Re: RARA-AVIS: Unreliable narrator

From: Kerry J. Schooley (
Date: 15 Nov 2005

At 08:10 PM 14/11/2005 -0500, you wrote:
>Badly written literary novels don't become "popular," because the people who
>read that "genre" are interested in the writing itself, and can't ignore bad
>technique and cheating because of getting carried away with idea and plot.
>Also, think of this, to write a literary novel you need both depth of
>characterization and plot, but you can write a plot-driven novel using
>only plot and some
>stereotypes, e.g. Agatha Christie.

Sure you can. And you can write a character-driven novel that is under plotted, with lots of beautiful language and great imagery and still have it called a literary success, e.g. Michael Ondaatje. I've met all sorts of people who haven't read The English Patient tell me how good it is. They feel they should have ready it because it's supposed to be good for them to read such stuff. Me, I think the novel's a failure if people stop reading, for whatever reason. Sometimes that reason is because there's not enough happening, not enough plot, to engage their interest. And the fact is, I don't trust a lot of Ondaatje's characters (even in The Skin of A Lion) because I'm told so much about them.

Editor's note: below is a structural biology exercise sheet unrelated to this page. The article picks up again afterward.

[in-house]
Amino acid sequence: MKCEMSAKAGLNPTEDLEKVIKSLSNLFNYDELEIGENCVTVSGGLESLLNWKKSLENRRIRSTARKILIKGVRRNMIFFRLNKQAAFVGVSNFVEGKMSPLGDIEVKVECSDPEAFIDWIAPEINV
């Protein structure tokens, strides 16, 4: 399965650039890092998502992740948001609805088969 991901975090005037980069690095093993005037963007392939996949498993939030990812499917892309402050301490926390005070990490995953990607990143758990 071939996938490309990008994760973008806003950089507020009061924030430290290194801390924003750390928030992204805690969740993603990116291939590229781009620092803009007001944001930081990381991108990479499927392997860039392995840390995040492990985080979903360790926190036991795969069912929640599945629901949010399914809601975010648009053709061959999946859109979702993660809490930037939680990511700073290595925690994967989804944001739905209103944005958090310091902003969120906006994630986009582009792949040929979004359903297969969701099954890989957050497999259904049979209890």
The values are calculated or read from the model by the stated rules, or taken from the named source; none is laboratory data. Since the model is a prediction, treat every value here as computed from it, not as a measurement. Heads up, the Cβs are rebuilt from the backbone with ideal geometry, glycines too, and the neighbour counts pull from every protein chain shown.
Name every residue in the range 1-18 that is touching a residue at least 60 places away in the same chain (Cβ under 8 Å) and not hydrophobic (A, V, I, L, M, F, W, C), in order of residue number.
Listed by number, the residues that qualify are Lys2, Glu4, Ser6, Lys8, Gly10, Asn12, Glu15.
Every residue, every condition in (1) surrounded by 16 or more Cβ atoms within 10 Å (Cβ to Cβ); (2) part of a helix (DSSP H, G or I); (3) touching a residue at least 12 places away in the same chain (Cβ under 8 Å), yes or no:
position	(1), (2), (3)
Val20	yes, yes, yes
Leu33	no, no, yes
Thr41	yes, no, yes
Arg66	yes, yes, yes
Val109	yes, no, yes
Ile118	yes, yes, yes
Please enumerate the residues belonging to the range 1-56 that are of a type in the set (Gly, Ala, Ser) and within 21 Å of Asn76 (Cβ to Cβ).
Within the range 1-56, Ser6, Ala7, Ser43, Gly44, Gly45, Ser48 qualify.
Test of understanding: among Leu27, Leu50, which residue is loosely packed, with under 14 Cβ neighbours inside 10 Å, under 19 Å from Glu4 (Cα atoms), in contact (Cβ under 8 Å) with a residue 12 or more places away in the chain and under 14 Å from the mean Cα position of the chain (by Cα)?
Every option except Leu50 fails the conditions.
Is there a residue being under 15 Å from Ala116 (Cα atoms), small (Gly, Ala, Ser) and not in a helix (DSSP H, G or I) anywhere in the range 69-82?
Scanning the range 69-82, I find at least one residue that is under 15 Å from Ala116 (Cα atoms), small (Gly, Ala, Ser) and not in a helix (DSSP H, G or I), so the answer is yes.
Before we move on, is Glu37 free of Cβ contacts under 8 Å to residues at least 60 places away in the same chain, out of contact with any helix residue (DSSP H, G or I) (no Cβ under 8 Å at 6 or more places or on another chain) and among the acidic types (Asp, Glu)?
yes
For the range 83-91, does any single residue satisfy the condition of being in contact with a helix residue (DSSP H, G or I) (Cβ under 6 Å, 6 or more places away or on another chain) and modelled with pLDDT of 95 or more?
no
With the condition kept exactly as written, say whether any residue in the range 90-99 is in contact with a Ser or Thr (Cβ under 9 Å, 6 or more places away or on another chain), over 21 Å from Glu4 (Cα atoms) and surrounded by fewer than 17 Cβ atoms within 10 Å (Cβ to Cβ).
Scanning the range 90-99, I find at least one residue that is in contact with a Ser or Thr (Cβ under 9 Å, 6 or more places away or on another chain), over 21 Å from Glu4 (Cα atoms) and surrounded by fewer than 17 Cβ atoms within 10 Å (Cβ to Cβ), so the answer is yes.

But that's me. Kerry

------------------------------------------------------ Literary events Calendar (South Ont.) The evil men do lives after them

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This archive was generated by hypermail 2b29 : 15 Nov 2005 EST